South Scotland

Galloway Viking hoard: Museum boss defends housing treasure in Edinburgh

Viking treasure discovered in Dumfries and Galloway Image copyright Dumfries and Galloway Council
Image caption The hoard is considered Scotland's most significant treasure trove find in over a century

Scotland's national museum director has defended the decision to house in Edinburgh a 1,000-year-old Viking hoard discovered in Dumfries and Galloway.

It was announced earlier this month the treasure trove would be allocated to National Museums Scotland (NMS).

Dumfries and Galloway Council wanted the 100 or so items to be housed in a new art gallery in Kirkcudbright.

But NMS director Gordon Rintoul said the capital was "best-placed" to restore and conserve the artefacts.

"The material is clearly of national and international importance, and that is one of our functions, to collect, preserve and make accessible material of that nature," he told a meeting of Holyrood's Culture Committee when pressed on the decision by South Scotland MSP Joan McAlpine.

"Secondly, this particular hoard is going to require considerable expertise and resources to conserve it. A lot of it needs very skilled work over many years in fact.

"It also needs to have substantial research work undertaken to reveal its full significance.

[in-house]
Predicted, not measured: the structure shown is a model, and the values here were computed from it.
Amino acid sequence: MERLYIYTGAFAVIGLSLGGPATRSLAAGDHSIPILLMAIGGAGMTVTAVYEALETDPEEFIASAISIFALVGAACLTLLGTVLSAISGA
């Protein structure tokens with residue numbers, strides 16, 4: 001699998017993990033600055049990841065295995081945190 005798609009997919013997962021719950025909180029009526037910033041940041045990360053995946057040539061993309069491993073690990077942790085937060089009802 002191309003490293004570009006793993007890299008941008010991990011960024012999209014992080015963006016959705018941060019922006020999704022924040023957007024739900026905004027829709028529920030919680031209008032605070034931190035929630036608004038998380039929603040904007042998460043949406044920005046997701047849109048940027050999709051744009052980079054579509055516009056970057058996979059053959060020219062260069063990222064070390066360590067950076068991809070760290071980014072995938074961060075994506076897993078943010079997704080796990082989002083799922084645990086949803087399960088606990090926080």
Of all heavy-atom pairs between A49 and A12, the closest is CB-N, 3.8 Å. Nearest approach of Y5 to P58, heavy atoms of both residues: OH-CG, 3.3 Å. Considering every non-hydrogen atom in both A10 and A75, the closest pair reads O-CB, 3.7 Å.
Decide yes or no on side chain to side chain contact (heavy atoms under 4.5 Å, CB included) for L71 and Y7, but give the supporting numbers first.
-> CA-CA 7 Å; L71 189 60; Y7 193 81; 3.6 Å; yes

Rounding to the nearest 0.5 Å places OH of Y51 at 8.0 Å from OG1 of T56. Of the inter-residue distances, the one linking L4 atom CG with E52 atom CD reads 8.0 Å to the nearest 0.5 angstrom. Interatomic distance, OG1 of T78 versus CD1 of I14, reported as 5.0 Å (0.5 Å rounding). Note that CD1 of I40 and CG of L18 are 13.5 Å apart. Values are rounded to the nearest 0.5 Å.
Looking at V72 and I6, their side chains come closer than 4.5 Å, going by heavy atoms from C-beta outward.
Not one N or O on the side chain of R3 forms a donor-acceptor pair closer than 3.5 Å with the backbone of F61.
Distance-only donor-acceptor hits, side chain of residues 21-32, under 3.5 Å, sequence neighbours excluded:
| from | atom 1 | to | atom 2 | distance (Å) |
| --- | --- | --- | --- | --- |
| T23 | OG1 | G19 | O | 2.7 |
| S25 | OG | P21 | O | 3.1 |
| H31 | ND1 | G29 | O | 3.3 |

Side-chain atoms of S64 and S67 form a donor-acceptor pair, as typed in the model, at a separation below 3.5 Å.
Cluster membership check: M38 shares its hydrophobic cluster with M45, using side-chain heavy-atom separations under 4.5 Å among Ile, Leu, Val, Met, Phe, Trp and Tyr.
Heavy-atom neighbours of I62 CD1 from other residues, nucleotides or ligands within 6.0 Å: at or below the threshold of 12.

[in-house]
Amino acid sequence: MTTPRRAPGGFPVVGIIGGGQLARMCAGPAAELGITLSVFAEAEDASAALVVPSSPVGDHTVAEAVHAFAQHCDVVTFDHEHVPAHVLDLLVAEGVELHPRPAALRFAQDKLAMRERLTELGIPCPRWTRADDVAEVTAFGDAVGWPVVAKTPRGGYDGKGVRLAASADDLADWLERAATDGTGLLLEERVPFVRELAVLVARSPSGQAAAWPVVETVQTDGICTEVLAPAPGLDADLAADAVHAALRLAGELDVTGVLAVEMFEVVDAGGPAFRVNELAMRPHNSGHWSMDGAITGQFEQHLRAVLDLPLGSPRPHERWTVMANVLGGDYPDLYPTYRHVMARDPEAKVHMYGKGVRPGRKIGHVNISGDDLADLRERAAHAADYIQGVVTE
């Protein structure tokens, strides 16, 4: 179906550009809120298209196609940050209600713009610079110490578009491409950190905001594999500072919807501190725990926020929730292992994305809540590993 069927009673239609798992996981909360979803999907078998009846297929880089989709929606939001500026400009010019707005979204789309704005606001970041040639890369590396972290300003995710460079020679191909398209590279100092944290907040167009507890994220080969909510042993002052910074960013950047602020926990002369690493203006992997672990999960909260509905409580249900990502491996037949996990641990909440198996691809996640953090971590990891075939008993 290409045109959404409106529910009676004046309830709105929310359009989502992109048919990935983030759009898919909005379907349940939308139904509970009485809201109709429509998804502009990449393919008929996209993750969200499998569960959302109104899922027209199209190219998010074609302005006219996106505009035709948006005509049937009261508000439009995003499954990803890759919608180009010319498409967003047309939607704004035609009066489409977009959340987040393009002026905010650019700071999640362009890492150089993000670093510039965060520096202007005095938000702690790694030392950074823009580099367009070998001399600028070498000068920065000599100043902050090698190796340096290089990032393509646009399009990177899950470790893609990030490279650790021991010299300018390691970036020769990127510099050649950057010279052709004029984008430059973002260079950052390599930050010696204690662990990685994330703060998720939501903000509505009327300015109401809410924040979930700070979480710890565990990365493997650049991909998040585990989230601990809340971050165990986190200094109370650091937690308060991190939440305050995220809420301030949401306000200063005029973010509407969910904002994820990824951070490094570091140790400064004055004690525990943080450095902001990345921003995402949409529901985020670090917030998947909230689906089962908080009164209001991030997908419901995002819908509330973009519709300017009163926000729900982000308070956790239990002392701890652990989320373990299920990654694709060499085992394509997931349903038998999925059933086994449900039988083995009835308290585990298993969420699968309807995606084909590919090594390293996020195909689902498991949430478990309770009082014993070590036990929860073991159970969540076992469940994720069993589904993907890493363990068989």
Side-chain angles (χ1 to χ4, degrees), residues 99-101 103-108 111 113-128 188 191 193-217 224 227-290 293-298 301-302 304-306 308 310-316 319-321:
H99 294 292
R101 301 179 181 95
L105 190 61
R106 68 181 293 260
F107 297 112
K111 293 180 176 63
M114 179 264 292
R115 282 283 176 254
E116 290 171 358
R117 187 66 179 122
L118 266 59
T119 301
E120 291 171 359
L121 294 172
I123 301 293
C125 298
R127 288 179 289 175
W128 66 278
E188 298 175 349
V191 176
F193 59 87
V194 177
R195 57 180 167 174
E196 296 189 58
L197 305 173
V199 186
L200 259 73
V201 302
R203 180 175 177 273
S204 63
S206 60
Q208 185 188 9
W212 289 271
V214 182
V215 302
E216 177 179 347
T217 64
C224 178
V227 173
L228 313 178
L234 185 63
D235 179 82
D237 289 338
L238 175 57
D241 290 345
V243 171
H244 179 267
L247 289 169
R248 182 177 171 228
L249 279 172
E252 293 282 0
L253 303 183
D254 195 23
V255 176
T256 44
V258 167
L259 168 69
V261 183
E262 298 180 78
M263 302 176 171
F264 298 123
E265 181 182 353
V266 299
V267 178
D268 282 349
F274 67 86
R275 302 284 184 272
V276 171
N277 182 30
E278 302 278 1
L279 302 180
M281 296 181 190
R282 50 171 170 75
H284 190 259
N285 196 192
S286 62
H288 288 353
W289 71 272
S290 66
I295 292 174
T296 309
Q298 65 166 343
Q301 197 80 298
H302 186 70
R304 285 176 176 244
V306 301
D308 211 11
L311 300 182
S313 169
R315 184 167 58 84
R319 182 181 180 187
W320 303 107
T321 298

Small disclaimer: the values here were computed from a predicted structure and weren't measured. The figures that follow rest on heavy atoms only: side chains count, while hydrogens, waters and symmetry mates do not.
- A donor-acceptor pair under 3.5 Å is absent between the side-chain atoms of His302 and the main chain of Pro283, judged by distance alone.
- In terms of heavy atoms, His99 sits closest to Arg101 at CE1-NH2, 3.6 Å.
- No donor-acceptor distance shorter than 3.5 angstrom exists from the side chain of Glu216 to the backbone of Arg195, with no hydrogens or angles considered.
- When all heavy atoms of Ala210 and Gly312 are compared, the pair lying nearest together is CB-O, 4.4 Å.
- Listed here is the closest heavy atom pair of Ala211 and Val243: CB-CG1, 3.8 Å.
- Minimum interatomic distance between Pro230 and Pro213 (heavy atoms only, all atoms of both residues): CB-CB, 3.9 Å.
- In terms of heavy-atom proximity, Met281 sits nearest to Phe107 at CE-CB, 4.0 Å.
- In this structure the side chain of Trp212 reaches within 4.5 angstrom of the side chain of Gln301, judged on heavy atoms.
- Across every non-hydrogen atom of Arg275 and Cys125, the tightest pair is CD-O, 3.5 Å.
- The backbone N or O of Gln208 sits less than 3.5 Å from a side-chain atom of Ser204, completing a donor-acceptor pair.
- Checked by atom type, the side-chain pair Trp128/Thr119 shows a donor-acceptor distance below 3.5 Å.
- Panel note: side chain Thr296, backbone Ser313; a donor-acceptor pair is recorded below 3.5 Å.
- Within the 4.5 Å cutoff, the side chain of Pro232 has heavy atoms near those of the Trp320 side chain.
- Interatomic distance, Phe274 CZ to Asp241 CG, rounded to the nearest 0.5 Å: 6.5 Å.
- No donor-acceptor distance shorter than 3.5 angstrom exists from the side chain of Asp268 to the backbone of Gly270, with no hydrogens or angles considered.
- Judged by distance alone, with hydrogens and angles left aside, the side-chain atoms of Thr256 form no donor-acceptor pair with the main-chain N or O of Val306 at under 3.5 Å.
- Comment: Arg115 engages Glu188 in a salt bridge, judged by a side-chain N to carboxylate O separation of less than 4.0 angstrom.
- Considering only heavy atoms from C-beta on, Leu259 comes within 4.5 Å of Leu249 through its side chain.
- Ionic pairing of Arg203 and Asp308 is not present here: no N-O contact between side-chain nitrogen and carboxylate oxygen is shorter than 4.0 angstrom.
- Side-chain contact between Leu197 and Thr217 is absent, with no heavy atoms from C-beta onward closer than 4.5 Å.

"All of that is going to require resources, expertise, facilities, and in our view we are actually best-placed to provide that."

The Queen's and Lord Treasurer's Remembrancer (QLTR) - the body which rules on ownerless goods and property - decided the 10th Century artefacts should be allocated to NMS, provided it raises the funds to pay £1.98m to metal detectorist Derek McLennan.

He discovered the hoard, which includes silver bracelets and brooches, a gold ring, an enamelled Christian cross and a bird-shaped gold pin, in a Dumfries and Galloway field in August 2014.

Image copyright National Museums Scotland
Image caption NMS has six months to raise the funds needed to acquire the "unique treasure"

Mr Rintoul said NMS was in dialogue with Dumfries and Galloway Council about proposals to lend a "representative portion" of the hoard to the Kirkcudbright Art Gallery.

But he conceded it was "impossible" to say which items might be involved as significant conservation work was needed and it was unclear what material would be suitable for travel and display.

"Our plans are not that we somehow acquire and keep it all in Edinburgh, that's not the case at all," he said.

"Until we have actually gained possession of the hoard, which wouldn't be until we raise the money, we cannot actually undertake the survey work, the conservation assessment, to determine what can be displayed where, when and for how long."

Asked why that work could not take place outside Edinburgh, he added: "No-one else has the expertise.

"Dumfries and Galloway Council's museum service over the past decade has been reduced in size significantly.

"They have no conservation laboratory, no conservators and they have no curators with expertise in Viking age material."

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